Frequently people ask me what I “get” out of crafting. They point out that it takes a lot of time, it can be messy, and the materials take up valuable storage space. While all of these ideas are true to some extent, crafting provides a plethora of benefits.
Working with your hands invites a “can-do” attitude. Each time we create something, we learn that we are capable of creating something. I realize this sounds simplistic, but the truth in that statement can be profound. Many of us spend our lives thinking we’re not capable of doing something. We tell ourselves we could never have that job, or be in charge of that project, or finish that degree. This negative self-talk convinces us that we are not able to complete complex tasks. However, when we create, we learn through trial and error. We use productive struggle in a safe environment. After all, craft projects are not matters of life and death, so we’re allowed to get them wrong, and then fix them on the next attempt. With each small success we learn that we CAN do things; we CAN figure out how something is put together; we CAN have another shot; we CAN change our minds; we CAN learn and grow and become.
Crafting gives us something to show for our effort. This goes hand-in-hand with that can-do attitude by providing a sense of accomplishment. Many of us are frustrated in our jobs because at the end of the day we don’t feel like we’re any closer to success than we were the day before. This kind of frustration is rampant in my profession because as a teacher it can sometimes be years (if ever) before a student tells me how I helped him or what I taught her. While I do the best I can every day, at times I just need to feel that I finished a project so I can step back and admire my handiwork.
Crafting helps us see the world in a different way. Many of us spend our days in front of a screen – television, smart phone, computer monitor, etc. These bright, moving projections (or static lines of text – as the case may be) frame our world with visual, but non-tangible elements. (After all, we can’t pet that adorable Lil Bub no matter how many times we smile at her photo.) This removal of texture and three-dimensional objects can make the world seem flat and far-removed. When we manipulate wood, paper, fabric, beads, or paint, we come into physical contact with our surroundings. Our brains and eyes are provided with a different kind of stimuli which in turn helps us see our environment, our world, from a new perspective (not to mention giving our tired eyes a rest).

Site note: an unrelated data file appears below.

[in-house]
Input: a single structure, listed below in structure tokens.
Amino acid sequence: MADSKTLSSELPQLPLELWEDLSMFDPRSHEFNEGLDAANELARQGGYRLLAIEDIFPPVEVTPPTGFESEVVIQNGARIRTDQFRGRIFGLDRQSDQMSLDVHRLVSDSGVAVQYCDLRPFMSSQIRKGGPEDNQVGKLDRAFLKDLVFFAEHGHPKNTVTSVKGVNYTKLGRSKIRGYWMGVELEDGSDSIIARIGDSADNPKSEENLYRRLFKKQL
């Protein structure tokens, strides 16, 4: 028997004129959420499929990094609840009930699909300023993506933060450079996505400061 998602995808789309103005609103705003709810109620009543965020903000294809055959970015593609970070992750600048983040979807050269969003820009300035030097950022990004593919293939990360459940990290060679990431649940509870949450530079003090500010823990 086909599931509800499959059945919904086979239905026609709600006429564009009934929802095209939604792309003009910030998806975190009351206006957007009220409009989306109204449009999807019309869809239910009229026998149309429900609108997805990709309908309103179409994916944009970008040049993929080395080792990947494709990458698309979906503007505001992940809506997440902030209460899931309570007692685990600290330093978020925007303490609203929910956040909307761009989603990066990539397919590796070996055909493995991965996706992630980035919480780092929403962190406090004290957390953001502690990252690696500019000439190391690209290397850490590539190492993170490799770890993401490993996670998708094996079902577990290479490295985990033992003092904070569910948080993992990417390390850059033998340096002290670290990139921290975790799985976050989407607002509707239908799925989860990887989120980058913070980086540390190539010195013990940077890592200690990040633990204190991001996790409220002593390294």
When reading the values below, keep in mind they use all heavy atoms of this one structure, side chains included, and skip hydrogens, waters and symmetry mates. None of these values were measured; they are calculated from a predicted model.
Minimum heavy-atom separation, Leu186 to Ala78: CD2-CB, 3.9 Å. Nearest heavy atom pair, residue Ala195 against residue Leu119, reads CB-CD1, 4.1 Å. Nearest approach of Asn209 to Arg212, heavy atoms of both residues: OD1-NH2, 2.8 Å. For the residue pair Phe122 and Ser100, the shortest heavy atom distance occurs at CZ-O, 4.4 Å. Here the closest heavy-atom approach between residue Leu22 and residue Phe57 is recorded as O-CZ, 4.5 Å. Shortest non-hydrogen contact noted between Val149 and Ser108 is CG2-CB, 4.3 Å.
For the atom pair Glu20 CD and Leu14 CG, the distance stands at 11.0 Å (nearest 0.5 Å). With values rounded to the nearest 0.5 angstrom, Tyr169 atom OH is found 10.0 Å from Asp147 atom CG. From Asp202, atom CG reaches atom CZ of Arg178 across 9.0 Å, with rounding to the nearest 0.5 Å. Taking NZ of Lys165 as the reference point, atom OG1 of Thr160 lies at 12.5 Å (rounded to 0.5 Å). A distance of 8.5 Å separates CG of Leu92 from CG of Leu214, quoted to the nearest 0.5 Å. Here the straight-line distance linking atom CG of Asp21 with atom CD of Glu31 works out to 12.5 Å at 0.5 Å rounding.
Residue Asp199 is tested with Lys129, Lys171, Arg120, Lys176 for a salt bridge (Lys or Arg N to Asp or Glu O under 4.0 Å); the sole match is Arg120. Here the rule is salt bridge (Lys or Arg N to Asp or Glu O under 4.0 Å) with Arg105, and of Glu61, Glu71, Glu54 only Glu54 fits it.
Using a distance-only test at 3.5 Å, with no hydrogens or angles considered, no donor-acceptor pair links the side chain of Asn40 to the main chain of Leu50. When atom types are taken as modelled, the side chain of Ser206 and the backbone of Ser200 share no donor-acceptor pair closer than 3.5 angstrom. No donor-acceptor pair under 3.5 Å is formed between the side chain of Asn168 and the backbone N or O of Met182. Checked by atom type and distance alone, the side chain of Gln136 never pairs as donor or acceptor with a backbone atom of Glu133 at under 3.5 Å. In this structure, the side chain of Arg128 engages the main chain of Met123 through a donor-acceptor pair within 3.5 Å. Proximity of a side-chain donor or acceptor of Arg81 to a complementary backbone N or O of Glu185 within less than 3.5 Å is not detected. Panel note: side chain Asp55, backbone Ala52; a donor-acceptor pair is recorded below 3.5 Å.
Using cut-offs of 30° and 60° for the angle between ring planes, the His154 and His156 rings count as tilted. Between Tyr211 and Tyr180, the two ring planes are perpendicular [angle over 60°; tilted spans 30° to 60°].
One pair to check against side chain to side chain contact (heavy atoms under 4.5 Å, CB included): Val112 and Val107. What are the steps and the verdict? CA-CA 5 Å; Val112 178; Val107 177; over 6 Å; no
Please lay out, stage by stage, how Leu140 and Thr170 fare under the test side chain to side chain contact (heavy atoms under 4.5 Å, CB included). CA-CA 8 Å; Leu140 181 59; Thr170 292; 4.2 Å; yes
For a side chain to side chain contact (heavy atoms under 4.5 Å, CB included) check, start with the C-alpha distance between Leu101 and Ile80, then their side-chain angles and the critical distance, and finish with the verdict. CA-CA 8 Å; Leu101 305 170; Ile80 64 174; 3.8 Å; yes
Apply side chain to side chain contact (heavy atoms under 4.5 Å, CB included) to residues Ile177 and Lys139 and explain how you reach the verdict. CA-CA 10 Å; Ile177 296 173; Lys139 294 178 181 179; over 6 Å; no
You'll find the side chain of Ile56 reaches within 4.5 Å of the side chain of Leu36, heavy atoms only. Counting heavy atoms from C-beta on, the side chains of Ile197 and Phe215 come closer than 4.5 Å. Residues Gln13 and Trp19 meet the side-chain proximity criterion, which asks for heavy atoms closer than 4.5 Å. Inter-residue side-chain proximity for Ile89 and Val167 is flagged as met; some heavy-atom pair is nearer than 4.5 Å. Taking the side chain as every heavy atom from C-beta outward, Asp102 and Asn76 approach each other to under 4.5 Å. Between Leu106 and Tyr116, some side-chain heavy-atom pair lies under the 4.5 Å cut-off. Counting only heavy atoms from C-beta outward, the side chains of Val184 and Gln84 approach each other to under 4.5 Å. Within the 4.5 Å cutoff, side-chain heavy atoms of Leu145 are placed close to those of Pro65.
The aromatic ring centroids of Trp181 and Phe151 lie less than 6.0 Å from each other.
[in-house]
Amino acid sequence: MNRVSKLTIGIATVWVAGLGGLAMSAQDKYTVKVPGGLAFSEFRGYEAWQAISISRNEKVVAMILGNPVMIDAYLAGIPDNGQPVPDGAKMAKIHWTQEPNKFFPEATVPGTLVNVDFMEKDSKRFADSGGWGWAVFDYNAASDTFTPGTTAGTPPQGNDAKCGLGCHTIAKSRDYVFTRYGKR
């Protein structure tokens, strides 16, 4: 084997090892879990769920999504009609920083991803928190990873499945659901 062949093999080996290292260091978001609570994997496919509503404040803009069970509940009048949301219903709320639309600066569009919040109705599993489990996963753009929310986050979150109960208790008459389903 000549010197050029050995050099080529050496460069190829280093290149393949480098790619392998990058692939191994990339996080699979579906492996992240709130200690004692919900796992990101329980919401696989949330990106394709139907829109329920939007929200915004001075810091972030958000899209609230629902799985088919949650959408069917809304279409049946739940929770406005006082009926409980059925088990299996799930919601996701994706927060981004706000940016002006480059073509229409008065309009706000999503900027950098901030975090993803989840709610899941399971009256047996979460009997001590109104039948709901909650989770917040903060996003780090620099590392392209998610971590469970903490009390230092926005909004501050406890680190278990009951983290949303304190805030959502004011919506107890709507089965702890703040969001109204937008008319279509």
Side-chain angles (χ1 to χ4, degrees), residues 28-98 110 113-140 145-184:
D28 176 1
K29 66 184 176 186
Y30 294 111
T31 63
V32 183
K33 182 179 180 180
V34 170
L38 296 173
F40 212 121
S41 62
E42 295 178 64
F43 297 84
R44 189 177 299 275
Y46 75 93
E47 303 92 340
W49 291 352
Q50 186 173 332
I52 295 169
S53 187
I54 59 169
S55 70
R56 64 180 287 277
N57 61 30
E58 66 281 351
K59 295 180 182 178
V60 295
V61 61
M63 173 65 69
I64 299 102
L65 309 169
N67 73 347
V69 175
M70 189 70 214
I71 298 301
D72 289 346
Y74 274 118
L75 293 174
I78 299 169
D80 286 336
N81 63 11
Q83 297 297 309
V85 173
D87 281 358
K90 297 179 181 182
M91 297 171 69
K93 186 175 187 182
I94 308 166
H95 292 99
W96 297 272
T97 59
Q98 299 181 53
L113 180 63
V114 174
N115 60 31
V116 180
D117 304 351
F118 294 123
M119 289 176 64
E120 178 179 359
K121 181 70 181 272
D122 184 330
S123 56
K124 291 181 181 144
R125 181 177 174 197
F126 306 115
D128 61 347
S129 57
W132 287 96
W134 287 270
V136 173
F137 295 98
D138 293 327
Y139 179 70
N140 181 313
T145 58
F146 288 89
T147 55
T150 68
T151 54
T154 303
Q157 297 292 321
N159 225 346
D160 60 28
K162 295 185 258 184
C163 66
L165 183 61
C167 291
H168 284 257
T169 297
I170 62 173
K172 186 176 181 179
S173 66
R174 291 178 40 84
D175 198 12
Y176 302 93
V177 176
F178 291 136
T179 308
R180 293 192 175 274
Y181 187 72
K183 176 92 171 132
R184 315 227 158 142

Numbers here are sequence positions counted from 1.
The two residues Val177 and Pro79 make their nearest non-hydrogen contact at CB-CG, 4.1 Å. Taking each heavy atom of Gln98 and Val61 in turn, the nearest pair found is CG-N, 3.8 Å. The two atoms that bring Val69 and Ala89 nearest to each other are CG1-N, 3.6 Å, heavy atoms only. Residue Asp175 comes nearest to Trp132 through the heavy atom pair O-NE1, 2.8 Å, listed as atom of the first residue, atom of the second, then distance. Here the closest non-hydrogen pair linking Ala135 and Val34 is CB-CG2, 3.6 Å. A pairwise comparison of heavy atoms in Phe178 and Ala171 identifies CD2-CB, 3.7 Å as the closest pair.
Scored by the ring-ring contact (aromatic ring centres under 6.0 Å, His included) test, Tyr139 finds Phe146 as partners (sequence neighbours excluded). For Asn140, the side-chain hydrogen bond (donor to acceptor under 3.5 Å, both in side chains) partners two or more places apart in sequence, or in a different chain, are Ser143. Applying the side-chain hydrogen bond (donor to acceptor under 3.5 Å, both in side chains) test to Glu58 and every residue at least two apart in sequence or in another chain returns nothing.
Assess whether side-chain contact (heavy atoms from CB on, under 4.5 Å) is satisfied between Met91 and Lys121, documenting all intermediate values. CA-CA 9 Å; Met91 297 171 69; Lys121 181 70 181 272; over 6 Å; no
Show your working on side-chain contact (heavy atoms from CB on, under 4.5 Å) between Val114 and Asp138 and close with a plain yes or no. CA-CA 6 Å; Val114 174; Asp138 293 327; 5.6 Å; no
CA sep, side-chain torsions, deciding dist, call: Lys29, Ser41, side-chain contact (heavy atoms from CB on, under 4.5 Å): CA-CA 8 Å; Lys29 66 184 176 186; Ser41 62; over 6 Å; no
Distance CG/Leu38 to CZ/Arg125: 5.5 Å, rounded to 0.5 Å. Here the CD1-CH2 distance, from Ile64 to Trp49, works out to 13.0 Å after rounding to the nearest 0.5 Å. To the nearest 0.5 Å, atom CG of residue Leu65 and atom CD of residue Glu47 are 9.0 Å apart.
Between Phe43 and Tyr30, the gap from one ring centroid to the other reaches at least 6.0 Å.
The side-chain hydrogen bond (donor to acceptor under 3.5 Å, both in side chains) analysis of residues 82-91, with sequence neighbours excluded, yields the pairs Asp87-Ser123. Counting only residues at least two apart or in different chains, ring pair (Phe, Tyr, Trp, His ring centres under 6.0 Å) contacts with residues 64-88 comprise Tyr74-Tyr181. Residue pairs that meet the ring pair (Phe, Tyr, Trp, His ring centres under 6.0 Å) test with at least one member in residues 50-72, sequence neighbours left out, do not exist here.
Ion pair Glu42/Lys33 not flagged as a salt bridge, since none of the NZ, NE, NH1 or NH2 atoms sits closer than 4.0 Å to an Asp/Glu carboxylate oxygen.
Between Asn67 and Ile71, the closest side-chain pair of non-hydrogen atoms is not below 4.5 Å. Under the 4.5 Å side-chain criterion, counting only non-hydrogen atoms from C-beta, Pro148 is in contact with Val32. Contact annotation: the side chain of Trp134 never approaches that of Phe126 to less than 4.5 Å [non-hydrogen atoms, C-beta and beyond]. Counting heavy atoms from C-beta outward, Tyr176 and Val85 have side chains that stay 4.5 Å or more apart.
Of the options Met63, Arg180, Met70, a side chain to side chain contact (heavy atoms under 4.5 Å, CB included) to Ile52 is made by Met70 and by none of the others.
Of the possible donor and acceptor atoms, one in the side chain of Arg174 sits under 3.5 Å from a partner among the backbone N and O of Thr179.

Crafting is cathartic. Color holds connotations for our society at large and for each of us individually. Vibrant colors like red, orange, and yellow make us feel alive and energetic spurring us to move forward. When we create something using these colors it seems to become imbued with that energy, and perhaps the creation makes us smile each time we see it on display. Colors like blue, green, and purple express another mood. Thus my studio becomes a place where I can express emotions freely without having to explain them to anyone.
Crafting a gift for someone shows how much you care. I know that sometimes “homemade” conjures up images of clay ashtrays and cotton ball Santas made by our elementary-aged kiddos, but a piece of art contains a lot of heart. (Cheesy, but true!) When we make something beautiful for a friend or family member we are giving that person a piece of ourselves and a reminder of our most precious resource – time. These kinds of gifts can become cherished mementos of loved ones. As a matter of fact, Lochinvar and I have a Valentine’s Day tradition of only spending a dollar for each year we have been together. While we’re coming up on our 23rd anniversary which provides a little leeway, this was extremely challenging when we were young (and poor). One year he spent two dollars on some pastel colored paper. He cut the paper into squares and folded them into origami flowers. Then he used wire remnants to make stems and put them in a vase from our cabinet using old marbles to hold them in place. This lovely reminder of his gentleness and care lived on my desk at school for many years (until time and moving made them so ragtag that they fell apart). Each day when I came to work and saw my paper bouquet I felt loved. There is strength in that lasting warmth, for the giver and the receiver.
Crafting can be a social event. While I carry out most of my artistic endeavors alone in my studio with old rock and roll playing in the background, sometimes others get involved in my projects. Several years ago I created a fairy wand from silk flowers, ribbon, duct tape, and light weight dowels. These wands were thematically related to a musical that Lochinvar was directing at school, and we planned to sell them as a fundraiser. Since this required us to make quite a few, we created a little assembly line operation and enlisted the help of others. By the time we were done, not only did we have fairy wands but we also had memories of laughter and fun. A craft project is a great “in” with people. Creating something concrete together also helps create intangible connections with those around us.
Hopefully, the next time someone says, “I just don’t get it,” you’ll be able to explain why she should join our crafty ranks to save the world – even if it’s just one little corner of it.